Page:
[19] Yang, D., Shi, H., Li, L., Li, J., Jabeen, K., & Kolandhasamy, P. (2015). Microplastic Pollution in Table Salts from China. Environmental Science & Technology, 49(22), 13622-13627. DOI: 10.1021/acs.est.5b03163

[20] O.O. Fadare, E.D. Okoffo, E.F. Olasehinde Microparticles and microplastics contamination in African table salts. Marine Pollution Bulletin, 164 (2021), Article 112006, 10.1016/J.MARPOLBUL.2021.112006

[21]  Xu, X., Zhou, G., Lei, K., LeBlanc, G. A., & An, L. (2019). Phthalate Esters and Their Potential Risk in PET Bottled Water Stored under Common Conditions. International journal of environmental research and public health, 17(1), 141.

[22] Cooper, J. E., Kendig, E. L., & Belcher, S. M. (2011). Assessment of Bisphenol A Released from Reusable Plastic, Aluminium and Stainless Steel Water Bottles. Chemosphere, 85(6), 943-947. doi:10.1016/.chemosphere.2011.06.060

[23] Wibowo AT, Nugrahapraja H, Wahyuono RA, Islami I, Haekal MH, Fardiansyah Y, Sugiyo PWW, Putro YK, Fauzia FN, Santoso H, et al. Microplastic Contamination in the Human Gastrointestinal Tract and Daily Consumables Associated with an Indonesian Farming Community. Sustainability. 2021; 13(22):12840. 

[24] Huang, P. C., Tsai, E. M., Li, W. F., Liao, P. C., Chung, M. C., Wang, Y. H., & Wang, S. L. (2010). Association between phthalate exposure and glutathione S-transferase M1 polymorphism in adenomyosis, leiomyoma and endometriosis. Human reproduction (Oxford, England), 25(4), 986–994. 

[25] Aronica L, Ordovas JM, Volkov A, Lamb JJ, Stone PM, Minich D, Leary M, Class M, Metti D, Larson IA, et al. Genetic Biomarkers of Metabolic Detoxification for Personalized Lifestyle Medicine. Nutrients. 2022; 14(4):768. 

[26] Ehrlich, S., AM, C., Humblet, O., Smith, T., & Hauser, R. (2014). Handling of thermal receipts as a source of exposure to bisphenol a.
JAMA, 311(8), 859-860. Retrieved from

[27] Ait Bamai, Y., Shibata, E., Saito, I., Araki, A., Kanazawa, A., Morimoto, K., Nakayama, K., Tanaka, M., Takigawa, T., Yoshimura, T., Chikara, H., Saijo, Y., & Kishi, R. (2014). Exposure to house dust phthalates in relation to asthma and allergies in both children and adults. The Science of the total environment, 485-486, 153–163.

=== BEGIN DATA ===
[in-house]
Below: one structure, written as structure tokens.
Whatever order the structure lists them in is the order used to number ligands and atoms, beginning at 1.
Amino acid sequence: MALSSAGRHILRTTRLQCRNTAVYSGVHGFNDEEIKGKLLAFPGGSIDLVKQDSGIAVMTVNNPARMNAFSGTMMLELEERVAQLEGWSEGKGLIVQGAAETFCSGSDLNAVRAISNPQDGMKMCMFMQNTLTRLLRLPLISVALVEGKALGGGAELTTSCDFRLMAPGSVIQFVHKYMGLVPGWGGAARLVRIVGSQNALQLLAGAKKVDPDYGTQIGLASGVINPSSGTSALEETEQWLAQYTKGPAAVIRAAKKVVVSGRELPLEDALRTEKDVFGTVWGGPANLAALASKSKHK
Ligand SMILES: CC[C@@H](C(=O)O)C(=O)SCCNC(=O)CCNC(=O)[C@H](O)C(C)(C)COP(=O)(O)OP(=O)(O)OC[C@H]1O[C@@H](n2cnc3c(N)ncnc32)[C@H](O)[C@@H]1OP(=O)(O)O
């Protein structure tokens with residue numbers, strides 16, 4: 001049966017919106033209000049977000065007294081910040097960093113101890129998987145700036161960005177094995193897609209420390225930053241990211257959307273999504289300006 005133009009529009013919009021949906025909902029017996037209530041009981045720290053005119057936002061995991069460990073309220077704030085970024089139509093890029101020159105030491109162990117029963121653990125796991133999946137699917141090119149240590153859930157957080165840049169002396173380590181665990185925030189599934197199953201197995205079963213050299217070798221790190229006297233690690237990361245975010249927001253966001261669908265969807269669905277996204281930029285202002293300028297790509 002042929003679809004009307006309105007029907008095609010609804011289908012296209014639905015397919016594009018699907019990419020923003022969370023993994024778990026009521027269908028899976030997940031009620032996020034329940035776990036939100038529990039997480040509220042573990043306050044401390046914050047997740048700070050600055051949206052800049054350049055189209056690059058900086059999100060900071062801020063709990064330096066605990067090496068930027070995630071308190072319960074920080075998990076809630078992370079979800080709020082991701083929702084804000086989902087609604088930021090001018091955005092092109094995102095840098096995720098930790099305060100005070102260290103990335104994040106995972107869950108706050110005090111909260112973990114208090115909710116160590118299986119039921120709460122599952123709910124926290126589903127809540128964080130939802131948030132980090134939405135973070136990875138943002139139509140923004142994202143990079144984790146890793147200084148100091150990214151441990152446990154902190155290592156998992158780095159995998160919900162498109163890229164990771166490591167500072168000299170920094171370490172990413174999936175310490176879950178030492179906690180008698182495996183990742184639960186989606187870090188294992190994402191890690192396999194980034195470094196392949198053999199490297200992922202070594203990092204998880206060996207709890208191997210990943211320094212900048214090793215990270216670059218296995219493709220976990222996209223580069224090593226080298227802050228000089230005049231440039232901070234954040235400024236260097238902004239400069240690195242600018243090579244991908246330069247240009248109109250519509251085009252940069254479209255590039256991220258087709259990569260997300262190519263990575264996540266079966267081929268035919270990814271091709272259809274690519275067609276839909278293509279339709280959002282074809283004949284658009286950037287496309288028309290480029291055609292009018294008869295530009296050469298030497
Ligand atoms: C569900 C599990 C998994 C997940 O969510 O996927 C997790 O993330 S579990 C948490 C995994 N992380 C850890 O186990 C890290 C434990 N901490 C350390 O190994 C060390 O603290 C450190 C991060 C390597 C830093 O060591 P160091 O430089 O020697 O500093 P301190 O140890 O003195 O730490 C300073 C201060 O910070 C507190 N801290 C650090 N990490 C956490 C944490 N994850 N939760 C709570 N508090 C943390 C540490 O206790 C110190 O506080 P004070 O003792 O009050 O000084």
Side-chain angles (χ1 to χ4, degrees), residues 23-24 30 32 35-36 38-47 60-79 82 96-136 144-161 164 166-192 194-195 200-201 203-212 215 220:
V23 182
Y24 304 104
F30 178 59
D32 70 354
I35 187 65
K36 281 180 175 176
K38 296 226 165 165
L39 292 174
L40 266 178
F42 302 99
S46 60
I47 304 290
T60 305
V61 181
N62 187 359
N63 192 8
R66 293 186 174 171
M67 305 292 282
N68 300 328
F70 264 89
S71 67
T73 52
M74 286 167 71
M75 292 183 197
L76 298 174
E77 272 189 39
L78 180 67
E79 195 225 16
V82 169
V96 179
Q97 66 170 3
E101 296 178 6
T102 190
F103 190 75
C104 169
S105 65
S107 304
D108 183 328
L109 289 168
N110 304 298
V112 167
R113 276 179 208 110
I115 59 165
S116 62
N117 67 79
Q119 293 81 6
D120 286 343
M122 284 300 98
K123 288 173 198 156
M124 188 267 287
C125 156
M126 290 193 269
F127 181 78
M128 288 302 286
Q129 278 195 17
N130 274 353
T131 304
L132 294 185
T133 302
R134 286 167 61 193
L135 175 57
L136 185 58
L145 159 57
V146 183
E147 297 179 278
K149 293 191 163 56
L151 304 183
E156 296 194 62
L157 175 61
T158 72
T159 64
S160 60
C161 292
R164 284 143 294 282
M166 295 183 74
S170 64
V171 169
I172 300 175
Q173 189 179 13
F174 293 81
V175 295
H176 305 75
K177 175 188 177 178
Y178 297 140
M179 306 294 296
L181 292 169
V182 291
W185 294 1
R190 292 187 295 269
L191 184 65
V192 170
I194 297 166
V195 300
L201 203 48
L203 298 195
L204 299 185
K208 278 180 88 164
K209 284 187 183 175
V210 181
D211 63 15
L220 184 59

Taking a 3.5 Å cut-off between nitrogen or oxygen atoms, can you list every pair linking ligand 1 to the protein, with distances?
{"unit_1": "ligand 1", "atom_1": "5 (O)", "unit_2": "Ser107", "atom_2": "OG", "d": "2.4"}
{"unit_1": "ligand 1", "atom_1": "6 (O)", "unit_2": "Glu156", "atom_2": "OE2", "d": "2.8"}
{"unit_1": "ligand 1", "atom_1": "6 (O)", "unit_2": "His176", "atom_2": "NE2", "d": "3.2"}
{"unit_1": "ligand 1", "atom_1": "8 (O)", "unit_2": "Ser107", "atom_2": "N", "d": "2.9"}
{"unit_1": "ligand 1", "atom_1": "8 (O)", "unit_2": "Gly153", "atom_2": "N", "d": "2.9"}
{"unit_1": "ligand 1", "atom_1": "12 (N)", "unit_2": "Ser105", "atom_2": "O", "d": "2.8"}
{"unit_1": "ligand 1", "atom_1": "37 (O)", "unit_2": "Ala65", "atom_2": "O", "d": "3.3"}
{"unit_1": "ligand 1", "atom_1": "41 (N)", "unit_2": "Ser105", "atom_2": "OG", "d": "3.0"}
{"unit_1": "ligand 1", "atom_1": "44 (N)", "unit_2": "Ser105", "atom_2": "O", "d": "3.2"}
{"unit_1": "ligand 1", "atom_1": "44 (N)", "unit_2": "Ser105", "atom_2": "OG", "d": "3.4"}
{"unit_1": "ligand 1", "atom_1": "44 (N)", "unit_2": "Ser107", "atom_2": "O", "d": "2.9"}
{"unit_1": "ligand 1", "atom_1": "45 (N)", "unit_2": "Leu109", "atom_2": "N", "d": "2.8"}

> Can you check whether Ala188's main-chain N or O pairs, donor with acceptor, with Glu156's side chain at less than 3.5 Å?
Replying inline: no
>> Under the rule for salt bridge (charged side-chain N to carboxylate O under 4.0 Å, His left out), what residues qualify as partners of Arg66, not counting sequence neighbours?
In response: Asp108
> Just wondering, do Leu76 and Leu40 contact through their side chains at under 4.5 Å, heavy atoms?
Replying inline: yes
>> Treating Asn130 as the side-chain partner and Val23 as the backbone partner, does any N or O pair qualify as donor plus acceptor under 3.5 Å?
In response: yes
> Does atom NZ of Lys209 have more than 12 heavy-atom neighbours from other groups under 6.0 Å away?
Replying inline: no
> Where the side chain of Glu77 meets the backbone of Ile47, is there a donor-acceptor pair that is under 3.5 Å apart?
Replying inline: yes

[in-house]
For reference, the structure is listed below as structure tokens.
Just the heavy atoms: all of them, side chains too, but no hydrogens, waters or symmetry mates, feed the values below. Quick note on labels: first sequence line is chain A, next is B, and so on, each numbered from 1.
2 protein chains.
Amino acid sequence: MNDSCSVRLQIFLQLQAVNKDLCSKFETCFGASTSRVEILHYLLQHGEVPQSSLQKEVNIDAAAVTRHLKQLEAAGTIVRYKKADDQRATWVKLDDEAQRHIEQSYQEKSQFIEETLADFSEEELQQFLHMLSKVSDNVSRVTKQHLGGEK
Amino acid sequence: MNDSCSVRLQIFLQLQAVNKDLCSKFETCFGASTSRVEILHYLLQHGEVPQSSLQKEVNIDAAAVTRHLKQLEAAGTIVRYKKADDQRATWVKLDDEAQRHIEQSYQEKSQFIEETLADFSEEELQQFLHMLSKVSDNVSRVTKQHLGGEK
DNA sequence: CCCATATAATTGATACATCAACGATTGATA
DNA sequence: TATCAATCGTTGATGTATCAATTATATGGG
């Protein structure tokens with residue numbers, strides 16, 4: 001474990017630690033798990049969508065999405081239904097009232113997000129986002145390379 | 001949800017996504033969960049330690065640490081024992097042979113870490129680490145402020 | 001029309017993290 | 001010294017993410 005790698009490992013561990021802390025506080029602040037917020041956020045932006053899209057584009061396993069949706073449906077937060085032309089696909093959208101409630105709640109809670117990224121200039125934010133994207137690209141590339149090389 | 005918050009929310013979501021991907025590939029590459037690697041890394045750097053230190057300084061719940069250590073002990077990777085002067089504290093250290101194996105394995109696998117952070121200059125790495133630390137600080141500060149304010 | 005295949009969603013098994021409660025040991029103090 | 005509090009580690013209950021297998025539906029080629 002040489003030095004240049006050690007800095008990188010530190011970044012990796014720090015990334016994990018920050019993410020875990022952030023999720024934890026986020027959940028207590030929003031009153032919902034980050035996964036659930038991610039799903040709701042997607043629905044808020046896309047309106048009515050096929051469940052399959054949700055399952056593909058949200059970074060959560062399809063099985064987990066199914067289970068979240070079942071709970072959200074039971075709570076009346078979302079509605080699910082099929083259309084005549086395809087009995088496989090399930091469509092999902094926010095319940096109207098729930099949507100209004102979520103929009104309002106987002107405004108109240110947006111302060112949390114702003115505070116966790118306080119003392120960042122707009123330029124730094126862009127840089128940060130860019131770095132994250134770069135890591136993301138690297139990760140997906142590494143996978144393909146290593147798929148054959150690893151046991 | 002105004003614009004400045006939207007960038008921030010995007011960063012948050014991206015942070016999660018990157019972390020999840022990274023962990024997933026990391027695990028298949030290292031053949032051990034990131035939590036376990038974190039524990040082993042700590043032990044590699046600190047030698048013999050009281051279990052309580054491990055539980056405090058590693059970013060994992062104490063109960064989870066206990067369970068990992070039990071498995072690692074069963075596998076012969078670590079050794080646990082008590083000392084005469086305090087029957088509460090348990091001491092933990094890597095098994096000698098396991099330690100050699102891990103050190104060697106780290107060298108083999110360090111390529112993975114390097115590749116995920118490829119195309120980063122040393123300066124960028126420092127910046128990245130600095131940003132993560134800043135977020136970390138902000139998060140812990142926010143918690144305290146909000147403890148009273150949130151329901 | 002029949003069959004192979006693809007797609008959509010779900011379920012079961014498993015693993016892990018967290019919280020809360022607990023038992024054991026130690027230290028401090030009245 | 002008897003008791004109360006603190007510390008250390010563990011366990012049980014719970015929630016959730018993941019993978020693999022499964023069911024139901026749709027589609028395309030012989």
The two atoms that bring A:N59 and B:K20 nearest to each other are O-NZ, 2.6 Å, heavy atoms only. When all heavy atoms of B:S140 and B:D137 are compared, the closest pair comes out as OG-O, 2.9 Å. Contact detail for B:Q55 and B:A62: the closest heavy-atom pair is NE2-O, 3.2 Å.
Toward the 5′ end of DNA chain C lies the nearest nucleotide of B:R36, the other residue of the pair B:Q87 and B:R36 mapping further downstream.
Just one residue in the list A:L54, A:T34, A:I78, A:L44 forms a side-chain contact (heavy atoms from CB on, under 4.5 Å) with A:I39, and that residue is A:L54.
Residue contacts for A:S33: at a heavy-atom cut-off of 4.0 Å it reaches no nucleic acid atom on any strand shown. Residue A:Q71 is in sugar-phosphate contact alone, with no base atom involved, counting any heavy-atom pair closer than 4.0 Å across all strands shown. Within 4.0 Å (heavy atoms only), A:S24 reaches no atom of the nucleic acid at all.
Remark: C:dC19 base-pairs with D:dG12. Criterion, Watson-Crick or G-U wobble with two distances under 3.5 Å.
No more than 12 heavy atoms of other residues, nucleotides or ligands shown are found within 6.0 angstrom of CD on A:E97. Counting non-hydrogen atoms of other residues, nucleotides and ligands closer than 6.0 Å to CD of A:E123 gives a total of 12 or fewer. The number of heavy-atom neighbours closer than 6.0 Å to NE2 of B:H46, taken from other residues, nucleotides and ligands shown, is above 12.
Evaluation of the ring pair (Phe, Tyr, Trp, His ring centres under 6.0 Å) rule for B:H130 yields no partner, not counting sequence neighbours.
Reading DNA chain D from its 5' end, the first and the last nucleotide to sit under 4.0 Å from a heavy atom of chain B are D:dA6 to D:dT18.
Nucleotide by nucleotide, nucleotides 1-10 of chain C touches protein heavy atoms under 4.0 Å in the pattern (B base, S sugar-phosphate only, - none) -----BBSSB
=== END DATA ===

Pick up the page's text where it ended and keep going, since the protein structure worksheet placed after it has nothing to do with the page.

[28] Jin, Y., Lu, L., Tu, W., Luo, T., & Fu, Z. (2019). Impacts of polystyrene microplastic on the gut barrier, microbiota and metabolism of mice. Science of The Total Environment, 649, 308–317. 

[29] Xu, X., Zhou, G., Lei, K., LeBlanc, G. A., & An, L. (2019). Phthalate Esters and Their Potential Risk in PET Bottled Water Stored under Common Conditions. International journal of environmental research and public health17(1), 141. 

[30] Umoafia, N., Joseph, A., Edet, U., Nwaokorie, F., Henshaw, O., Edet, B., Asanga, E., Mbim, E., Chikwado, C., & Obeten, H. (2023). Deterioration of the quality of packaged potable water (bottled water) exposed to sunlight for a prolonged period: An implication for public health. Food and chemical toxicology : an international journal published for the British Industrial Biological Research Association175, 113728.

[31] Andra, S. S., Makris, K. C., & Shine, J. P. (2011). Frequency of use controls chemical leaching from drinking-water containers subject to disinfection. Water research45(20), 6677–6687. 

[32] Hussain, K. A., Romanova, S., Okur, I., Zhang, D., Kuebler, J., Huang, X., Wang, B., Fernandez-Ballester, L., Lu, Y., Schubert, M., & Li, Y. (2023). Assessing the release of microplastics and nanoplastics from plastic containers and reusable food pouches: Implications for human health. Environmental Science & Technology, 57(26), 9782-9792.